Interpreting can be simultaneous, being transferred directly and immediately from oral speech, or consecutive.

In consecutive interpreting, the interpreter first digests the contents of a statement and takes notes in order to communicate it subsequently.
In this situation, the translator can intervene at regular intervals if the speech is long (every 20 to 30 minutes) or at the end of the speech if it is short.
Whatever the kind of interpreting, if the exercise lasts more than two hours, two interpreters are enlisted for the mission as they have to hand over every 30 to 40 minutes to guarantee a high quality service.

Liaison interpreting is another service offered by interpreting companies and is also compatible with videoconferencing.
The conference interpreter participates in the virtual meeting as a visible member, as if they were sitting amongst the other participants, and translates sentence by sentence what is said by the people present.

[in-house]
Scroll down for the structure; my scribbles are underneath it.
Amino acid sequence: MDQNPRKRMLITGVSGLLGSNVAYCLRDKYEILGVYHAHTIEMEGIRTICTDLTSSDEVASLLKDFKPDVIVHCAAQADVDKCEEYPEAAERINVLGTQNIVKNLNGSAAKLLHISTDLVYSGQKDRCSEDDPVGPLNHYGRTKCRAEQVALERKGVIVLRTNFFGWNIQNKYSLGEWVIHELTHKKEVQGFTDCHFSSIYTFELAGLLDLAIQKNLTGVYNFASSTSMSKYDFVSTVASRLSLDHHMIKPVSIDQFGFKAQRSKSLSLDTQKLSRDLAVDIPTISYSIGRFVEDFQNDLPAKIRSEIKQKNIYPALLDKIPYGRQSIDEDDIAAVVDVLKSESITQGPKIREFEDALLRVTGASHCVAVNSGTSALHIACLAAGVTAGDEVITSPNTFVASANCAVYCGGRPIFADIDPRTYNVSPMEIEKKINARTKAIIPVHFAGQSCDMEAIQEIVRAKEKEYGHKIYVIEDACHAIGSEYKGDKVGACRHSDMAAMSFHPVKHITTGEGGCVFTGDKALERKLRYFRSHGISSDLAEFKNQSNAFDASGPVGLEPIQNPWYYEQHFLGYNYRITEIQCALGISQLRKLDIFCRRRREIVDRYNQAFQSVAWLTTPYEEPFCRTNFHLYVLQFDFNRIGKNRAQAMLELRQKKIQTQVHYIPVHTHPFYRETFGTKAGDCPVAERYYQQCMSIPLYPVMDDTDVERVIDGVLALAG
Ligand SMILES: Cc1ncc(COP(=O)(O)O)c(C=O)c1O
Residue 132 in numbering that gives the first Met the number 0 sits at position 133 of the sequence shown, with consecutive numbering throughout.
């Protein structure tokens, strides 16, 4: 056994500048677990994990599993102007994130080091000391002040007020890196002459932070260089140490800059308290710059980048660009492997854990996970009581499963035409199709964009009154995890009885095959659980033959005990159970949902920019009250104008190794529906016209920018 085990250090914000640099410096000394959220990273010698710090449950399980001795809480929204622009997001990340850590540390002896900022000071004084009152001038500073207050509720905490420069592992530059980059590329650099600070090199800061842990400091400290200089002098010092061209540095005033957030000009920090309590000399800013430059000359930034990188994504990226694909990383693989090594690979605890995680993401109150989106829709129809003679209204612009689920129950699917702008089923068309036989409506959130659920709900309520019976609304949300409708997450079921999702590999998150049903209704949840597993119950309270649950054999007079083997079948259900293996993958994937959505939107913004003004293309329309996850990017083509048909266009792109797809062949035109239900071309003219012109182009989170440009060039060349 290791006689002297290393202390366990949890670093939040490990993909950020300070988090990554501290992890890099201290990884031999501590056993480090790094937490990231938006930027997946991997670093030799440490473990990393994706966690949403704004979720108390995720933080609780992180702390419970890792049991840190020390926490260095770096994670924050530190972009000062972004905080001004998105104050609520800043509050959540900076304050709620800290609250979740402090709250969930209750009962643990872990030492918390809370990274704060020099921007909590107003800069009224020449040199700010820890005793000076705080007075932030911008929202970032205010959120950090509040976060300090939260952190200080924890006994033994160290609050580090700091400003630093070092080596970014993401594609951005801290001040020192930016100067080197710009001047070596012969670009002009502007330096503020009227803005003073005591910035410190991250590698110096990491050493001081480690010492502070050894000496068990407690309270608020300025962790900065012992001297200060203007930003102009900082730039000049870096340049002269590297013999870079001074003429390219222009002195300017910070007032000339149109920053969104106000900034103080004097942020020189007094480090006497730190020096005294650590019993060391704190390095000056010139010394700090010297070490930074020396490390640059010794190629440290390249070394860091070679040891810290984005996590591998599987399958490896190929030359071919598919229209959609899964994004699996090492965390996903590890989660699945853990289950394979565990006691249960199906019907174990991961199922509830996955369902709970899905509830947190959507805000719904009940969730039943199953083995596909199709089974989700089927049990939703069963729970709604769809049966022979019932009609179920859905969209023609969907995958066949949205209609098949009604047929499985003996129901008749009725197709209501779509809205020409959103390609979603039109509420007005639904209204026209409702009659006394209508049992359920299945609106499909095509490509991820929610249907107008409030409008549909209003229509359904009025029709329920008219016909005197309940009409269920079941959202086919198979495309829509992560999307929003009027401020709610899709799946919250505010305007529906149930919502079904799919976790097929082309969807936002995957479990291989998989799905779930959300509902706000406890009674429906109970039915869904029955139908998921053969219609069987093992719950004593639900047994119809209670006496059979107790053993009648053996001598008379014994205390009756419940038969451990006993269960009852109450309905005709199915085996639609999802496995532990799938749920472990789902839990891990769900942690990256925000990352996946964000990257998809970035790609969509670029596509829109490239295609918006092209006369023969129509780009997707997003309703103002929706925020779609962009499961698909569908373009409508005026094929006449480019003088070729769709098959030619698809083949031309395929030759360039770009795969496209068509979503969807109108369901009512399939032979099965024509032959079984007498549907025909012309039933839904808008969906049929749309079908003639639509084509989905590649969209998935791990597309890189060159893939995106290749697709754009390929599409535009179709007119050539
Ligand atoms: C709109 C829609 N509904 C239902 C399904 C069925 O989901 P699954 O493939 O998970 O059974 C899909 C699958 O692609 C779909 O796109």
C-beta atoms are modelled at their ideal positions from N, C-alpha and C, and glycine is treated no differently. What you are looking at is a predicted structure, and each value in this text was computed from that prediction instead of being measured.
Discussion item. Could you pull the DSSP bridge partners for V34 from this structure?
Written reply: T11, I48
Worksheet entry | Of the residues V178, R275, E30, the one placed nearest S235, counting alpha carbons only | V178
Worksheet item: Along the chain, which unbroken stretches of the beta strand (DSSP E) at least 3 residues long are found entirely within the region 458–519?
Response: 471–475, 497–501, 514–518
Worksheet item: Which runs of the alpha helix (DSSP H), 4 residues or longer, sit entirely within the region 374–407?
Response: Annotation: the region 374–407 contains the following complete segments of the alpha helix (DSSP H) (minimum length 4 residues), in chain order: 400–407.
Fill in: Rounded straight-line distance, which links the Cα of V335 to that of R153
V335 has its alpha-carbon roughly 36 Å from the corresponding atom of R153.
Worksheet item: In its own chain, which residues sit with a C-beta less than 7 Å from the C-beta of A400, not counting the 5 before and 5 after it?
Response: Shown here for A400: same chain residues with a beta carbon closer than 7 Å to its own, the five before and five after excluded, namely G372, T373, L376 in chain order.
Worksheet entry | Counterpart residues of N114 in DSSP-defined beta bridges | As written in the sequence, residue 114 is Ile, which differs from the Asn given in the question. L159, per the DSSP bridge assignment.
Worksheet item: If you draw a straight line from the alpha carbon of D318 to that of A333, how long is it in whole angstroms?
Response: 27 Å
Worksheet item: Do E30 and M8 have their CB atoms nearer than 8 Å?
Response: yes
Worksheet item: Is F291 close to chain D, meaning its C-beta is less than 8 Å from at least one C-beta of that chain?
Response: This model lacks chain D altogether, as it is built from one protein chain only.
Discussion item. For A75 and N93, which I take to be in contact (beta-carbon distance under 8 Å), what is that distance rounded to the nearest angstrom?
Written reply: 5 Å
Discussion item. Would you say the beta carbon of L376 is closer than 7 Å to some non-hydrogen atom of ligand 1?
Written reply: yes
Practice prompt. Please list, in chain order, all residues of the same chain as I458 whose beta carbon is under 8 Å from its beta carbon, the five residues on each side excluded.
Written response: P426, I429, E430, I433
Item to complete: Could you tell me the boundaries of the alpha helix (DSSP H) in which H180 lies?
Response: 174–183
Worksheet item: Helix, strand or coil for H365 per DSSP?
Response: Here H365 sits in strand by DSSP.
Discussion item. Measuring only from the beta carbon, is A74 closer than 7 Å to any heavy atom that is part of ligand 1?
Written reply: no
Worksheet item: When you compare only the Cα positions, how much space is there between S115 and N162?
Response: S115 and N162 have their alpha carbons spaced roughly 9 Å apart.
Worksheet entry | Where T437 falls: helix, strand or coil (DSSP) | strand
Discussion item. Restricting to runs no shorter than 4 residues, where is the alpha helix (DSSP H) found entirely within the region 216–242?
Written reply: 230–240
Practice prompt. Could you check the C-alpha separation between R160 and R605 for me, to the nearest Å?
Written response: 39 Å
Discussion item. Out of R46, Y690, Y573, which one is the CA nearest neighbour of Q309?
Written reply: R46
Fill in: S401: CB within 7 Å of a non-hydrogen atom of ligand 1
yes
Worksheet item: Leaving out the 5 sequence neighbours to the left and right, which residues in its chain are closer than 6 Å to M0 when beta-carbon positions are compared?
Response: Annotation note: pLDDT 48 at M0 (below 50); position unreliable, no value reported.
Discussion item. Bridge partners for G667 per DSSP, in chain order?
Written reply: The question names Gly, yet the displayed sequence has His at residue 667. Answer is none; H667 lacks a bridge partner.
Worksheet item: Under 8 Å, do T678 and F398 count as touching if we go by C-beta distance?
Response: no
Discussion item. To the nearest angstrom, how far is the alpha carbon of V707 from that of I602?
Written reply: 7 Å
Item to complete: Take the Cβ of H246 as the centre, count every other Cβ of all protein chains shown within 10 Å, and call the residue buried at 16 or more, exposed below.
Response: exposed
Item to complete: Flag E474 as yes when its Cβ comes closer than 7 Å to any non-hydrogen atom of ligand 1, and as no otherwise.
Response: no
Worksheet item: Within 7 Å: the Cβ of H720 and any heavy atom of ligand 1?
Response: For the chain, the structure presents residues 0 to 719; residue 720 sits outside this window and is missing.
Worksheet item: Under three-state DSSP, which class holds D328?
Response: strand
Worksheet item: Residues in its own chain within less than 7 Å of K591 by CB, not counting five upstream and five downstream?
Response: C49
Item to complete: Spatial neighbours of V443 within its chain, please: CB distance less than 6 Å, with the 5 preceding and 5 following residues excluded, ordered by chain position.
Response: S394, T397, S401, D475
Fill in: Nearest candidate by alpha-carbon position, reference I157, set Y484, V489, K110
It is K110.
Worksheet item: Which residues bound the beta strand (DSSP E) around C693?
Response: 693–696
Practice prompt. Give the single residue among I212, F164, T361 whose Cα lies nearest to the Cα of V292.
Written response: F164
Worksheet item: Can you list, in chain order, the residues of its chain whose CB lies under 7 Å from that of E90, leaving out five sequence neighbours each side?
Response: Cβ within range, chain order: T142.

Liaison interpreting is frequently used for group meetings, brainstorming sessions or negotiations.

For all of these scenarios, the videoconferencing service itself is free – the cost of this solution is therefore limited to the fee of the interpreter, for which an interpreting quote is proposed before their intervention.

The “field” of translation is vast and unlimited, as it follows the movements of human interaction; it reaches all economic and social sectors, all professions. It therefore requires not only linguistic skills but also cultural, literary and technical ones relating to all existing professional sectors.

Translating and interpreting is being everywhere at once

When two languages meet, two visions of the world are interacting. For this encounter to be optimal, it has to be respectful of the cultural particularities of each one. We must not forget that the main goal of interpreting is, in theory, to create common ground by making the unknown understandable.

A language is a way of perceiving and organising the world

According to linguists, there are between 6000 and 7000 languages spoken around the world, each one with its own grammatical structures and distinct phonetic features that demonstrate its representation of the world.
Some of these languages aren’t written down, but for those that are, there are around fifty “alphabets” – it is also important to remember that many languages don’t use the alphabet system, like Chinese for example. There exists therefore a huge variety of possible ways to code written language.